Posts Tagged ‘family’

Lonesome Jim (Buscemi, 2005. US)

Masturbatory self-pity when pretensions of brilliance forgo decency.

Lonesome Jim does exactly what it says on the tin- it’s all about Jim and his lonesomeness. This film has been subjected to a fair deal of hate on the webs, and rightfully so really. The eponymous Buscemi-lite drifter is one of the most unlikeable protagonists to grace indie screens in recent years. Not in an uncomfortable-yet-necessary way, as we might find in a Noah Baumbach flick, or in a misunderstood-and-redeemable manner, ala Wes Anderson. Nope, Jim is just a prick. Consequently he  spends a lot of time on his jack jones.

There are some redeeming notes scattered about hither and thither, the only vestiges of Buscemi’s direction. As a character, I would have enjoyed watching Jim had he been played by a late 20s Buscemi in his trademark slightly socially incompetent sad sack routine. I like Affleck, especially in 2005’s Gone Baby Gone; he is a prime example of my slowly-evolving Hollywood theory: The Rule of Diminished Siblings. This is where the less famous/bankable sibling in a famous acting family is always a far better actor and quite often a more likeable person. Cf Casey Affleck, Joseph Fiennes, Joan Cusack, Rory Culkin… erm, Emilio Estevez. [Okay, every rule has its exceptions! Sx] (more…)

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Welcome To the Dollhouse (wpd. Solondz, 1995. US)

I love this film.

Some people think it’s harsh, but it’s funny because it’s true. Many of us know that ‘fly buzzing against a window’ sensation; the endless procession of tiny humiliations and defeats that was senior school (or Junior High, or whatever your national equivalent is for thirteen year olds.) From the ironic, lingering zoom in to the idealised, patriarchal American family portrait, to our first view of Dawn in an almost mesmerising tracking shot of her long walk through the school cafeteria in search of a seat, and the irrational abuse thrown at her by even the other bullied misfits, to culmination in the awful, jangling discordance of her brother’s band scoring the cutesy Americana of their sister’s ‘ballet’; every moment of the first five minutes of Dollhouse proclaims everything you need to know about Dawn Weiner’s life and Todd Solondz’s world view. This is no testimony for the nuclear family and a Middle American childhood.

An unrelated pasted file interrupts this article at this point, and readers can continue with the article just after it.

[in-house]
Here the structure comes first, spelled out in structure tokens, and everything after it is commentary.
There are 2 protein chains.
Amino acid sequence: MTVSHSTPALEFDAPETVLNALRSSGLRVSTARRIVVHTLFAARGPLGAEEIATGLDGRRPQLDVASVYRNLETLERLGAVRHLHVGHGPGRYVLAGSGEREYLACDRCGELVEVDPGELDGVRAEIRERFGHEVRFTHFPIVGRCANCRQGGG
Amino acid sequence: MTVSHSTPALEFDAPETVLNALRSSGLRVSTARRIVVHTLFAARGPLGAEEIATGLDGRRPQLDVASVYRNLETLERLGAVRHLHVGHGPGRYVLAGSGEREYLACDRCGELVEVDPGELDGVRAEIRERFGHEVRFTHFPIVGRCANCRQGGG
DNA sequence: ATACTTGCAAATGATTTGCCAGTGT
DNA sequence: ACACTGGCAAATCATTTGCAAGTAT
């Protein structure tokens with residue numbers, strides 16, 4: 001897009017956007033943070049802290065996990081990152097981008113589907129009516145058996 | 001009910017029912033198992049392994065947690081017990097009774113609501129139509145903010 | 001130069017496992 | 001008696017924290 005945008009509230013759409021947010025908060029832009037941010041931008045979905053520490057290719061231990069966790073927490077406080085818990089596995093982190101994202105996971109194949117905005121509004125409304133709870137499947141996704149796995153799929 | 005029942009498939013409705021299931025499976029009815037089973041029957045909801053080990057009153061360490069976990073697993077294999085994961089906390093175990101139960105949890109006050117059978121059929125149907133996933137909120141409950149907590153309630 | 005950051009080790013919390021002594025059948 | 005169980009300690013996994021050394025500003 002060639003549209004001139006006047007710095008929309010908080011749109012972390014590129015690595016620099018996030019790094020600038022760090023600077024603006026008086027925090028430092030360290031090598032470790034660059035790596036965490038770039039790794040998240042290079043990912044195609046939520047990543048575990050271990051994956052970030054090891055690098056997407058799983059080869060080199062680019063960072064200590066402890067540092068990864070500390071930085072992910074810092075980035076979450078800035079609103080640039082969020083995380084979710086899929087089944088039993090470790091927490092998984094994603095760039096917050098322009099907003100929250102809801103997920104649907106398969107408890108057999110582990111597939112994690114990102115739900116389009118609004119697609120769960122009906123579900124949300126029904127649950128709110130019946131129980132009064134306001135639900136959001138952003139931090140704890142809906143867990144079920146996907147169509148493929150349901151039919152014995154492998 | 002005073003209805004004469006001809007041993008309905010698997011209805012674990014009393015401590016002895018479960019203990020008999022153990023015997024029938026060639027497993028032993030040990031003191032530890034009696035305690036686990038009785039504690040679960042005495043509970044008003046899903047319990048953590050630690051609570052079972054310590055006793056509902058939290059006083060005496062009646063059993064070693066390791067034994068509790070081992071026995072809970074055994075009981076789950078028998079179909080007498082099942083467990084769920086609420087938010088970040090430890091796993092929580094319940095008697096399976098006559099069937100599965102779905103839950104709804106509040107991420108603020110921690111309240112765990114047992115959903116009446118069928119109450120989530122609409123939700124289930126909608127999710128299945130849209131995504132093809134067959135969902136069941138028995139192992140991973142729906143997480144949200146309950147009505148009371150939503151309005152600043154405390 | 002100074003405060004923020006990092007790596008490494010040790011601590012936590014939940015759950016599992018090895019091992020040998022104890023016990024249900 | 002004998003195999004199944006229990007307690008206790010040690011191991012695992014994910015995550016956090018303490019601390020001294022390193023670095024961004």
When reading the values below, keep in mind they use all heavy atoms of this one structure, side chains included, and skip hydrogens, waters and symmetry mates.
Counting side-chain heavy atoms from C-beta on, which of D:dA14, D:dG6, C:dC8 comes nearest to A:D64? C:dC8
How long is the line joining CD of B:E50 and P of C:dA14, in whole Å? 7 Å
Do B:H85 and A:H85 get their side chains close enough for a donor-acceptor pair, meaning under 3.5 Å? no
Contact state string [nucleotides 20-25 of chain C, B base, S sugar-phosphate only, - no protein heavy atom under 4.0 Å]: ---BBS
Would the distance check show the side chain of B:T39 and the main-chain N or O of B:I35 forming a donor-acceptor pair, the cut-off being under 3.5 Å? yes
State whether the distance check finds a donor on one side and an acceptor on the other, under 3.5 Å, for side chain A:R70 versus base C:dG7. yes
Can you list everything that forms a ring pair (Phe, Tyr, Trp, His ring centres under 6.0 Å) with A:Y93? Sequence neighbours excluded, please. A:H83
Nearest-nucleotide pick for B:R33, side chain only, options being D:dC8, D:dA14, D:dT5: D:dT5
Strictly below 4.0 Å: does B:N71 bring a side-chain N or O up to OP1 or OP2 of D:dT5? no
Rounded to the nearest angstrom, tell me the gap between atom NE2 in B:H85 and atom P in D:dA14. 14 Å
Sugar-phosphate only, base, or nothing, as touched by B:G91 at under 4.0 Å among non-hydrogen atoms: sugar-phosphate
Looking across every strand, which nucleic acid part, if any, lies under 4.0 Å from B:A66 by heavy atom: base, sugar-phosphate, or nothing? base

Shit happens. He says. Mainly to you. Live with it. The rhythms of editing in Dollhouse are as important as the actors’ comic timing. Though Heather Matarazzo’s perpetually bemused, bespectacled mouth breather does chip in at the opportune moment almost every time.

Dawn’s ongoing battle with her parents and her obnoxious siblings will strike a chord with anyone who has a) a family b) a bit of pragmatism. (more…)

WATERSHIP DOWN  (Martin Rosen, 1978. UK)

 Typically and perhaps misguidedly promoted as a children’s film, presumably because it’s an animation featuring rabbits; but that is where the Disney similarity ends. There is real darkness in this film, beyond the ‘mild peril’ of Pixar or the sad -but-not-shocking demise of Bambi’s ever-cited mother. You don’t even need to scratch the surface to reveal a seething pit of misogyny and deeply troubling gender politics. Arguably this is typical of the late seventies moral backlash against sixties’ liberation, (although that was more of an American trait) but no matter what the rationale, if we are going to  sit children in front of these films, we need to question the messages we are exposing them to.

That said, Watership Down is known as a seminal film for a reason. The animation is idiosyncratic and distinctively stylised, with emphasis on pictorial representations of the declining British countryside. There is unapologetic moralising which is clearly lacking in some of the more lightweight animations produced subsequently, though the conservationist point is slegdehammered in towards the end. This is definitely an instance where I’d advise watching with children on first viewing as, violence and atypical quantities of gore aside, there’s certainly plenty of content they may not understand. Fiver’s fits and visions can be frightening and the totalitarianism the pilgrim rabbits encounter could well be bewildering to children raised in liberal democracies (such as they may be).

So, while accessible to children, this is a film I’d strongly recommend to adults. I didn’t see Watership Down till I was in my twenties, though most of my peers had encountered it in childhood and I still took a lot from it. For older viewers there is far more to be read in terms of allegory and criticisms of political regimes and rampant ‘progress’ (in this case industrialisation.)

Some of the soapboxing may be a little hard to swallow and the inherent attitude to women is troubling, but overall this is a strong film and a welcome variation to the sanitised dross often delivered under the rubric of ‘family movie’.

WATERSHIP DOWN (Martin Rosen, 1978. UK)

***Full Spoilers***

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